Google security engineer explains why Android Pay doesn’t work on rooted devices


Google may have stepped on the toes of a few Android “power users” — i.e., those who root and ROM their devices — when they decided to exclude rooted devices (along with everyone outside the US) from joining in on the mobile payment party. The part that rustled feathers was the fact that, before Android Pay was introduced, Google Wallet was handling mobile payments just fine and played nice with all NFC-equipped Android devices whether you were stock, rooted, or running a custom ROM. So why not Android Pay?


Shedding some light on the whole situation is Google security engineer Jason Clinton, who took to XDA the reasoning behind this decision and simply put — it’s all about security. While Google is committed to keeping Android open and developer-friendly, “there are a handful of applications (that are not part of the platform) where we have to ensure that the security model of Android is intact.” Android Pay uses Google’s SafetyNet API to check compatibility with verified devices upon installation. That means devices that have passed Android compatibility testing. Remember, mobile payments on Android Pay are handled much differently from when they were available on Google Wallet.

In Google Wallet, Google created virtual credit cards, acting as a sort of middle-man in the transaction process between the bank and merchant. In other words, all the risk was taken on and assumed by Google. Because Android Pay uses tokens to pass your actual card information to merchants, Google has to work directly with payment networks and banks (listed above) in order for Android Pay to work. To put it plainly, the banks are the ones with all the power here. If they’re not on board, Android Pay dies.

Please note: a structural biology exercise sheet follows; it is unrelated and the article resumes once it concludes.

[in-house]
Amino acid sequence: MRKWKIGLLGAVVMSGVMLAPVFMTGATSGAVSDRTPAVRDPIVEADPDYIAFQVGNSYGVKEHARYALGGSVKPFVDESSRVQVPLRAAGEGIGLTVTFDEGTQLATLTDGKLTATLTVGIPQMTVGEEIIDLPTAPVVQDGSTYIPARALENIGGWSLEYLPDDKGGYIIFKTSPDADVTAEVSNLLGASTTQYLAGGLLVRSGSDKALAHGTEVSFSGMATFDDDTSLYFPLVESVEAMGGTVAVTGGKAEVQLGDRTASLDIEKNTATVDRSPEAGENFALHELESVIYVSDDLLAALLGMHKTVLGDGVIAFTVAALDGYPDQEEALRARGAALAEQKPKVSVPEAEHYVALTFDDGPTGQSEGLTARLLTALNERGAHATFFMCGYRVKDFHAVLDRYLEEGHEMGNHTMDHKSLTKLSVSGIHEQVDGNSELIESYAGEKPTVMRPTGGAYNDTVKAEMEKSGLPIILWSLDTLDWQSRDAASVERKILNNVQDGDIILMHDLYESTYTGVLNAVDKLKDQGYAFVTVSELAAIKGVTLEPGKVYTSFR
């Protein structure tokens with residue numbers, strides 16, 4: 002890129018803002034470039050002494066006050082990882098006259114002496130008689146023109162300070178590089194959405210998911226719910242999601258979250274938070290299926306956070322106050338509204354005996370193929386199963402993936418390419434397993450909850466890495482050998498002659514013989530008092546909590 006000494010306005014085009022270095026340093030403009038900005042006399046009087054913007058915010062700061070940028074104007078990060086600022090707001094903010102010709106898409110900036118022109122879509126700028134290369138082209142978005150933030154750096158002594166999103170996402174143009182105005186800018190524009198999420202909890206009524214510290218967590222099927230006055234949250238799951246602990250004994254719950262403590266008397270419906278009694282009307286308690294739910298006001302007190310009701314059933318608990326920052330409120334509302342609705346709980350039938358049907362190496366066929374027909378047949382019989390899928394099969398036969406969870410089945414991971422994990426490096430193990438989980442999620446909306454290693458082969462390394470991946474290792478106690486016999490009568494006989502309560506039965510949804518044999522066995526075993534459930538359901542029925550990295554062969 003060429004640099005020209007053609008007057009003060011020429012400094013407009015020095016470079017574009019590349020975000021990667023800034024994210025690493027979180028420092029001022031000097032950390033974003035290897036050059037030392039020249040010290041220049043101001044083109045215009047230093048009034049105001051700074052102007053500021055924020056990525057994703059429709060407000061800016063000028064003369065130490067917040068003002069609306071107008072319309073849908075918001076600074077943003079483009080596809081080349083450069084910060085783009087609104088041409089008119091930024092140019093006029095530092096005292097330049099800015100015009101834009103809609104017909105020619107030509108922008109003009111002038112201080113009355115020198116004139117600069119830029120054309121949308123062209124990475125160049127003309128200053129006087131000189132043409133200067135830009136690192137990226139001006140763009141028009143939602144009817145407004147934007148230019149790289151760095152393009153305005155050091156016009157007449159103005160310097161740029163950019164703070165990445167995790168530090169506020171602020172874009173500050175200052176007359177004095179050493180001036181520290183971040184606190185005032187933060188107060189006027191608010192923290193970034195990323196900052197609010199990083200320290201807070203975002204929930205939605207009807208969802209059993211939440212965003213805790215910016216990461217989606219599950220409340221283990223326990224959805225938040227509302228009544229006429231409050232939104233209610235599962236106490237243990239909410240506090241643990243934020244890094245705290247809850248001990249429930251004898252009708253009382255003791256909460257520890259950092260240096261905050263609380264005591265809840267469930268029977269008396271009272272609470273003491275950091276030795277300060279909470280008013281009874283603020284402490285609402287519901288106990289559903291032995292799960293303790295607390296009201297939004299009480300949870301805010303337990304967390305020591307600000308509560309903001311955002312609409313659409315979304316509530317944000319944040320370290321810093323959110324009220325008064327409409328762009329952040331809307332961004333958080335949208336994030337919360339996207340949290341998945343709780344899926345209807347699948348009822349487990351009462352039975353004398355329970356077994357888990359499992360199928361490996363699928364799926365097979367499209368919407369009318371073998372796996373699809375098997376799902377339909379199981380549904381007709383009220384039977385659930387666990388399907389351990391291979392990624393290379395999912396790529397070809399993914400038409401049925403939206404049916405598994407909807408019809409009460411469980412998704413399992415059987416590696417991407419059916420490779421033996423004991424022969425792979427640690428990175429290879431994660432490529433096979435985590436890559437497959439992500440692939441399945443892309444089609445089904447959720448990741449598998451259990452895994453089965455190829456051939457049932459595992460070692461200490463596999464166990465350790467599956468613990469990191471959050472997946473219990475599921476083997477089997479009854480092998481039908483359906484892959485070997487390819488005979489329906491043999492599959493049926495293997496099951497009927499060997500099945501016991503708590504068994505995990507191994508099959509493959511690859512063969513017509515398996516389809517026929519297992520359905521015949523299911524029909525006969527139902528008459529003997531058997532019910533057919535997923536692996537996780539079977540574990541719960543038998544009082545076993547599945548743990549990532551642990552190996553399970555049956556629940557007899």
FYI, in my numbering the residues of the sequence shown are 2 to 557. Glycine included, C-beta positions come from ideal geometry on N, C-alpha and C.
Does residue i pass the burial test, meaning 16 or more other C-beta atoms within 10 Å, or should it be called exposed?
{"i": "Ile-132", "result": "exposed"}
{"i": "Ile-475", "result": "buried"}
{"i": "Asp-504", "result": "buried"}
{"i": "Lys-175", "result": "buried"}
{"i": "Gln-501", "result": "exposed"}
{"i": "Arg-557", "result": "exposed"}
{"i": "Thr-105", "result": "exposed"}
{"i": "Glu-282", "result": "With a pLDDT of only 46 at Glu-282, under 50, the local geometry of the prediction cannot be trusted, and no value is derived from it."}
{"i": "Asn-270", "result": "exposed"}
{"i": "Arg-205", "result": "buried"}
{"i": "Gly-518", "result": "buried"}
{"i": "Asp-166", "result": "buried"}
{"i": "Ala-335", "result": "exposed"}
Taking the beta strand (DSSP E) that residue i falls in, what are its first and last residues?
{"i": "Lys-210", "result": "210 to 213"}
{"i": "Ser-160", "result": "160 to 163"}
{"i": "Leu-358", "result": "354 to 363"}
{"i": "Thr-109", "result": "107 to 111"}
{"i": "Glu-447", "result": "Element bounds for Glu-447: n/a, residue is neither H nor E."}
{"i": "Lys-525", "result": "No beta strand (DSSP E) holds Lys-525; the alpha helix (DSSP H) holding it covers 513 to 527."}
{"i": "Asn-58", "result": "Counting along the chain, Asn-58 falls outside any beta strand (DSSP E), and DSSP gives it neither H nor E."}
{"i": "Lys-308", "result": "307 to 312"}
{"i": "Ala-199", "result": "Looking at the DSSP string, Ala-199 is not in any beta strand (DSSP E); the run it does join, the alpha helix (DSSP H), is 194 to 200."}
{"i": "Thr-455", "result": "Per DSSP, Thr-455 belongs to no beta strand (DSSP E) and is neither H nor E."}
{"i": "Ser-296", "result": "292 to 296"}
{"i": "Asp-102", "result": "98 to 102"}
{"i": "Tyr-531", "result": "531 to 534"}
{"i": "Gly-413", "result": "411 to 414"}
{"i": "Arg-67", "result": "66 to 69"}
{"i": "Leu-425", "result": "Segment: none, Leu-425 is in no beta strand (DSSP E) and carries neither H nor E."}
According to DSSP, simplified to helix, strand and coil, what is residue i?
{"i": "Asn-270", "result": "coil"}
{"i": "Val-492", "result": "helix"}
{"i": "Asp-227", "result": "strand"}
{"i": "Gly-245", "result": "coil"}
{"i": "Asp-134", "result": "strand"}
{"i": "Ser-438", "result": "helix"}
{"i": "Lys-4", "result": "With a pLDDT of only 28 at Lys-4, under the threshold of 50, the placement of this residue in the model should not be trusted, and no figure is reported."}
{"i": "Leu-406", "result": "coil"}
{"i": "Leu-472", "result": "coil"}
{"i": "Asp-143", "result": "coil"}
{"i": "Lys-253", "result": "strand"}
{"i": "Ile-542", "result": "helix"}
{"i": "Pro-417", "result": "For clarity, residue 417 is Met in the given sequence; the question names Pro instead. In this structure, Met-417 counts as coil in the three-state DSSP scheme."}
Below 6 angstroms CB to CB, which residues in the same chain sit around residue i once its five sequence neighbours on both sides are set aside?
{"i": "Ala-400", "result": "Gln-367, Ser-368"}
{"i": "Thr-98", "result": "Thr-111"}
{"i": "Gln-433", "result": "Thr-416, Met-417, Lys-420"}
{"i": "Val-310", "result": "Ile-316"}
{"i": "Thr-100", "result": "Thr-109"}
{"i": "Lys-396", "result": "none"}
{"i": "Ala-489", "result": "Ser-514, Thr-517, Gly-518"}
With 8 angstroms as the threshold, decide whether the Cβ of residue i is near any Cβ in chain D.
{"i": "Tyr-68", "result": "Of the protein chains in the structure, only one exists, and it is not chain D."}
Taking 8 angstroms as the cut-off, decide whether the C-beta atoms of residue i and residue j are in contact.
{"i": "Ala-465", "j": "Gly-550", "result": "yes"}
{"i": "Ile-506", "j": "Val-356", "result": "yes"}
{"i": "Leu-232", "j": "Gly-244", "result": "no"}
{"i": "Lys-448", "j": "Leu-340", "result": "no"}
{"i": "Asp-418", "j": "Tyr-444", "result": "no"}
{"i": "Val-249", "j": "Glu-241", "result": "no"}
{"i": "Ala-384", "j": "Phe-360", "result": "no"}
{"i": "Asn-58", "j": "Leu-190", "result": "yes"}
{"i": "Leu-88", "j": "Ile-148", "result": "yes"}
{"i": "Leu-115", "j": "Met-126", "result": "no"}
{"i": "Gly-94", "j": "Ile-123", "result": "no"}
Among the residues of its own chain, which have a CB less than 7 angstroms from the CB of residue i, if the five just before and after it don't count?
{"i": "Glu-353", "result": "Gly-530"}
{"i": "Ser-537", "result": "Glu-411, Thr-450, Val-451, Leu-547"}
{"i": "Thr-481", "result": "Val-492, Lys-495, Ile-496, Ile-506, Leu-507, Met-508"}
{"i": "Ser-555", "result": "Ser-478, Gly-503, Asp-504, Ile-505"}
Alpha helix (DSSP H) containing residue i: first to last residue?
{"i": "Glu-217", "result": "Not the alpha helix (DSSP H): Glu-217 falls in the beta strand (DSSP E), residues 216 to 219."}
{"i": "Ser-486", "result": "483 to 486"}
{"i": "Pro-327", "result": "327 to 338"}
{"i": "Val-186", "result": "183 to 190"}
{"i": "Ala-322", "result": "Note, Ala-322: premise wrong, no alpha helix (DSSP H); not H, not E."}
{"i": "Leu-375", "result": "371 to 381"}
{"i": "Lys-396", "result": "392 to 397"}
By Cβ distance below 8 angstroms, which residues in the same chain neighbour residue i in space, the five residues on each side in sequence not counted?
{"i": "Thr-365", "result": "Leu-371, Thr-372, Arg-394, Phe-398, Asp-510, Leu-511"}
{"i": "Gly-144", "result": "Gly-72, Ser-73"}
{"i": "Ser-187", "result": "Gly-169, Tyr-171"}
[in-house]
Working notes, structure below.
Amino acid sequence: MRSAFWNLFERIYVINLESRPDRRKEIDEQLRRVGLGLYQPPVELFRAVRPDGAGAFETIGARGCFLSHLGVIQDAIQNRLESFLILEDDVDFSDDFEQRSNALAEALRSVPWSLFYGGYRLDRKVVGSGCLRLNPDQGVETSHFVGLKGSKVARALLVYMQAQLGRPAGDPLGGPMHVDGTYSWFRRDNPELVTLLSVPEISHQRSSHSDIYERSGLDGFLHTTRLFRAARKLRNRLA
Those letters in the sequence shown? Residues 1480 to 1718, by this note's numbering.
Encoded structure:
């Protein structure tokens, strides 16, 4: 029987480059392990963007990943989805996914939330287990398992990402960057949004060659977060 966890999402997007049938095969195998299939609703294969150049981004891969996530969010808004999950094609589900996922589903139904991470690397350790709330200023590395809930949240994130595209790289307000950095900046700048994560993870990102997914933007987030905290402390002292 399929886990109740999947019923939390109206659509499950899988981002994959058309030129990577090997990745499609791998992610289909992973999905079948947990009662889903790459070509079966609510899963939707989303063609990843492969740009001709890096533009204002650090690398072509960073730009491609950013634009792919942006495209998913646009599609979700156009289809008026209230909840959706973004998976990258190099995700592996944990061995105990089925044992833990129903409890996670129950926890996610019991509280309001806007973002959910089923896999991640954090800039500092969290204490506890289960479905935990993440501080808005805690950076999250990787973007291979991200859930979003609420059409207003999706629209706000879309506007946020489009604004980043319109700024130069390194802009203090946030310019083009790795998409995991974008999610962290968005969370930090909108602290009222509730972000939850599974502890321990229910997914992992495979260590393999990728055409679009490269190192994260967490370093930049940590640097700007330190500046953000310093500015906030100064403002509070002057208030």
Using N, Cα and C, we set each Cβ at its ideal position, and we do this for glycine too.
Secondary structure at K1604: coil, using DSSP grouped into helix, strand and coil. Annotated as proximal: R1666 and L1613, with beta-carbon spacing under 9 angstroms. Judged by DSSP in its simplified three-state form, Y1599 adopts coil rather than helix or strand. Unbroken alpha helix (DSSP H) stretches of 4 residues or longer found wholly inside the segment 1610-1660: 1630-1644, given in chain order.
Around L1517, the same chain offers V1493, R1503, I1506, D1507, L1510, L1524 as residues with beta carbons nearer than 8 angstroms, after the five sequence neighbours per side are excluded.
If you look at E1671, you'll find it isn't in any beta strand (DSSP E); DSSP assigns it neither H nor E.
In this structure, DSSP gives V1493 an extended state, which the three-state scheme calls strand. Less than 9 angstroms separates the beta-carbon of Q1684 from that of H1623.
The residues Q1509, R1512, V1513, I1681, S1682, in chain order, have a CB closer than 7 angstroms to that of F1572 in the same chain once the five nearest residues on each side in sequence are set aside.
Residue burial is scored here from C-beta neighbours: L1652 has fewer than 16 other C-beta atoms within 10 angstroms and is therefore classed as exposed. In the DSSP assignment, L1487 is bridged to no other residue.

As you can see, there’s a lot that goes on behind the scenes and it’s almost silly to think that Google dropped root support on a whim without considering all the variables before hand. Clinton leaves the thread by saying that Google appreciates the dev community and will continue monitoring the thread for constructive ideas. Feel free to drop them a line in the XDA thread right here.

Chris Chavez
I've been obsessed with consumer technology for about as long as I can remember, be it video games, photography, or mobile devices. If you can plug it in, I have to own it. Preparing for the day when Android finally becomes self-aware and I get to welcome our new robot overlords.

Watch this awkward BlackBerry Priv demo given by the CEO himself [VIDEO]

Previous article

Nexus 6P presentation for reviewers and presenters leaks, tells us everything but pricing and availability

Next article

You may also like


Leave a reply

Your email address will not be published. Required fields are marked *

More in Apps